The movement of capital is without limit, without end. As self-valorizing value, it appears as pure process. In dealing with the category of capital, then, one is dealing with a central category of a society that becomes characterized by a constant directional movement with no determinate external telos, a society driven by production for the sake of production, by a process that exists for the sake of process. This expansion, this ceaseless motion is, within the framework of Marx's analysis, intrinsically related to the temporal dimension of value. (p. 269)
Surplus value, assessed only quantitatively not qualitatively, is now both the end and the means of capitalistic societies. Surplus value drives capitalistic societies as the agent and subject.
Labor, understood as a useful interaction with nature to get what people need in non-capitalistic societies, is now abstract labor standardized according to the objective abstract time in capitalism. As we rely more on commodities for survival than on our own concrete, useful labor, we become standardized according to abstract labor and time to earn money, and involved in capitalism as a means of ever-increasing drive of capital. We are driven to produce commodities endlessly.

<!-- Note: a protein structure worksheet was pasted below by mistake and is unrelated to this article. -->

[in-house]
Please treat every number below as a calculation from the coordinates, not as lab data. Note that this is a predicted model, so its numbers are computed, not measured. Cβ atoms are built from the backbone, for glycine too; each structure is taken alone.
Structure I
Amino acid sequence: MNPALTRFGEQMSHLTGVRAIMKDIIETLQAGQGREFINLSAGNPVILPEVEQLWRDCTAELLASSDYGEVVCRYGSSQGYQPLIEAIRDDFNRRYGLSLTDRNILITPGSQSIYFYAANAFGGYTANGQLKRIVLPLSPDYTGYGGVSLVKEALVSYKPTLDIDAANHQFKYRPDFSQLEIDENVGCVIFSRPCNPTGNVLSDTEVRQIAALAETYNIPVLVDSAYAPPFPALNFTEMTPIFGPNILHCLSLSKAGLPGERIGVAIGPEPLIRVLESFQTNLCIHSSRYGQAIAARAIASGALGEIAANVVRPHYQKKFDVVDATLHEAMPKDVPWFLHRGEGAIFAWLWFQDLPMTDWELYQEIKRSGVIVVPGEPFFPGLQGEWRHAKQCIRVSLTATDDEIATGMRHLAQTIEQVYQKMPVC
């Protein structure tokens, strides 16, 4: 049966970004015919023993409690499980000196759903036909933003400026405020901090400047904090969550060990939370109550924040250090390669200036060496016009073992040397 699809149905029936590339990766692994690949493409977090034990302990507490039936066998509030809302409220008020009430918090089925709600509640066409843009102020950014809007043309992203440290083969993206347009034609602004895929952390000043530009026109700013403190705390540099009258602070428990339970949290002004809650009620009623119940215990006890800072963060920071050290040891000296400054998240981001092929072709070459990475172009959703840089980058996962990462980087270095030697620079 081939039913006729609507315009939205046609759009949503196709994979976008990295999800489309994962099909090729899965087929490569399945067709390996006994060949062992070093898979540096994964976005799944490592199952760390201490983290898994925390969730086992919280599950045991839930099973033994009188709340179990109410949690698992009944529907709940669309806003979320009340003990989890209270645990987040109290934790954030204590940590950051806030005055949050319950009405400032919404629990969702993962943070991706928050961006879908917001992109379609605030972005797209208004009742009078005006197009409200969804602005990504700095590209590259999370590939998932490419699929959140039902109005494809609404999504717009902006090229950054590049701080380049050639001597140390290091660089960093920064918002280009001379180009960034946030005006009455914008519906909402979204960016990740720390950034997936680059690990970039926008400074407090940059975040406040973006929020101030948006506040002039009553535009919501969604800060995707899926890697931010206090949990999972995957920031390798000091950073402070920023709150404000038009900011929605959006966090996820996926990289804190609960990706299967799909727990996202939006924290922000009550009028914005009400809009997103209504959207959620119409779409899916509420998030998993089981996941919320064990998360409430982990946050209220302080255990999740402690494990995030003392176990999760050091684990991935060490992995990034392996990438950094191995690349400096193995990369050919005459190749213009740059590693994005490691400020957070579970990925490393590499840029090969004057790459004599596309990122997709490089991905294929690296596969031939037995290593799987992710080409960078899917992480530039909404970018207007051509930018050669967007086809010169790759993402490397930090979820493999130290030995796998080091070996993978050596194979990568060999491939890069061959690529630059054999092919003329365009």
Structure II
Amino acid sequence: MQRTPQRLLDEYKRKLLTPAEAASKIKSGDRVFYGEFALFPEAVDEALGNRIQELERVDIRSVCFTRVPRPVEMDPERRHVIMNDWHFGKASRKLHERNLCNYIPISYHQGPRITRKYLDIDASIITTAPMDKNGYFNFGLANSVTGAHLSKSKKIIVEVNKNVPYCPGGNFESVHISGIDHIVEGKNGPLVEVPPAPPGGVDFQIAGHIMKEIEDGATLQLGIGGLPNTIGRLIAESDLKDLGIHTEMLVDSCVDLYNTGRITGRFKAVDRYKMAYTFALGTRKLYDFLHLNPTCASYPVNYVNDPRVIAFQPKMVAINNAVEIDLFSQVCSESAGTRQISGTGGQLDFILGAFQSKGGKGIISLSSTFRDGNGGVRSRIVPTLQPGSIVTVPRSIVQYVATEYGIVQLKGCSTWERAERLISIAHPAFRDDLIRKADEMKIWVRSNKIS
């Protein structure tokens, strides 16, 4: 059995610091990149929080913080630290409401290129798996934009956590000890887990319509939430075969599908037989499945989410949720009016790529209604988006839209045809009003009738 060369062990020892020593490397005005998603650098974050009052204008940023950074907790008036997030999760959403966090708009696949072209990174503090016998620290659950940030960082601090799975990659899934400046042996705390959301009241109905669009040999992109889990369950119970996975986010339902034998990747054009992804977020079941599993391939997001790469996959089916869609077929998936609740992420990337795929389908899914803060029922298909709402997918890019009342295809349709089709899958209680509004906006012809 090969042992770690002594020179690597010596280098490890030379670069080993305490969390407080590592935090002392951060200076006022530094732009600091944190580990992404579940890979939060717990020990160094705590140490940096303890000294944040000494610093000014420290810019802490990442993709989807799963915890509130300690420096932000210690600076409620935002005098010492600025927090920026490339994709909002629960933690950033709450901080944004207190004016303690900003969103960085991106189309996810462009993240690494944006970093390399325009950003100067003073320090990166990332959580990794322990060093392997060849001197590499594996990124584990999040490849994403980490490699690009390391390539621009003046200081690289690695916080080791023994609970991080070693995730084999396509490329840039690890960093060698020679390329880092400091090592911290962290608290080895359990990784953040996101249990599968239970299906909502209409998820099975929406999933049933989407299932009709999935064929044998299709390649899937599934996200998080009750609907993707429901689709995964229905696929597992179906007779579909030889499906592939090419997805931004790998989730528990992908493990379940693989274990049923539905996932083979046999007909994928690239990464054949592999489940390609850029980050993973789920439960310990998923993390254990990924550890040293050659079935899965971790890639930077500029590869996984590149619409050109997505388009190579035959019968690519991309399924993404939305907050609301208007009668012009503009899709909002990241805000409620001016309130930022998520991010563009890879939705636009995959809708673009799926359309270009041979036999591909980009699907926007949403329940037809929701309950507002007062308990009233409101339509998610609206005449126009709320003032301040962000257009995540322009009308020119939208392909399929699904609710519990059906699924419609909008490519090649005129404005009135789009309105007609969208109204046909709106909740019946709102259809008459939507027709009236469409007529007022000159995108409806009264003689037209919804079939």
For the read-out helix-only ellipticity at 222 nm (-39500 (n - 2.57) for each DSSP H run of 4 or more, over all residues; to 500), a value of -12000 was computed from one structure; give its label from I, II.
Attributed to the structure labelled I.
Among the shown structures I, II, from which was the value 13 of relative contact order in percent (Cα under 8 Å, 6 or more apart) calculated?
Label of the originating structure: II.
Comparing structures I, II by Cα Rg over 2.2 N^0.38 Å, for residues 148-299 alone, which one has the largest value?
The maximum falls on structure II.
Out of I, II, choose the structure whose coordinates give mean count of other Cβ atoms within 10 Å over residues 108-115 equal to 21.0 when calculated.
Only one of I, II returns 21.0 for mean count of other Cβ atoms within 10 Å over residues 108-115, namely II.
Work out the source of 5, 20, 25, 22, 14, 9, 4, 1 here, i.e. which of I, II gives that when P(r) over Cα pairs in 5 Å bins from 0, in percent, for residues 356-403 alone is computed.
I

We no longer own or control our labor and production. We don't labor or produce for ourselves but for capitalism. Our labor and production are now separated from our life. We're alienated by and from our own labor and production.
As laborers, we may labor long or short, but not valued by our specific work; We are only valued by the framework of capitalism: abstract labor and abstract labor. We are subsumed in capitalism.
... Marx analyzes the subsumption of individuals under abstract objective structures as a feature of the social form grasped by the category of capital. (p. 192)
This is how Postone criticizes labor; "Labor itself constitutes a social mediation in leau of overt social relations" (p. 150); "In other words, labor grounds its own social character in capitalism by virtue of its historically specific function as a socially mediating activity. In that sense, Labor in capitalism becomes its own social ground (p. 151)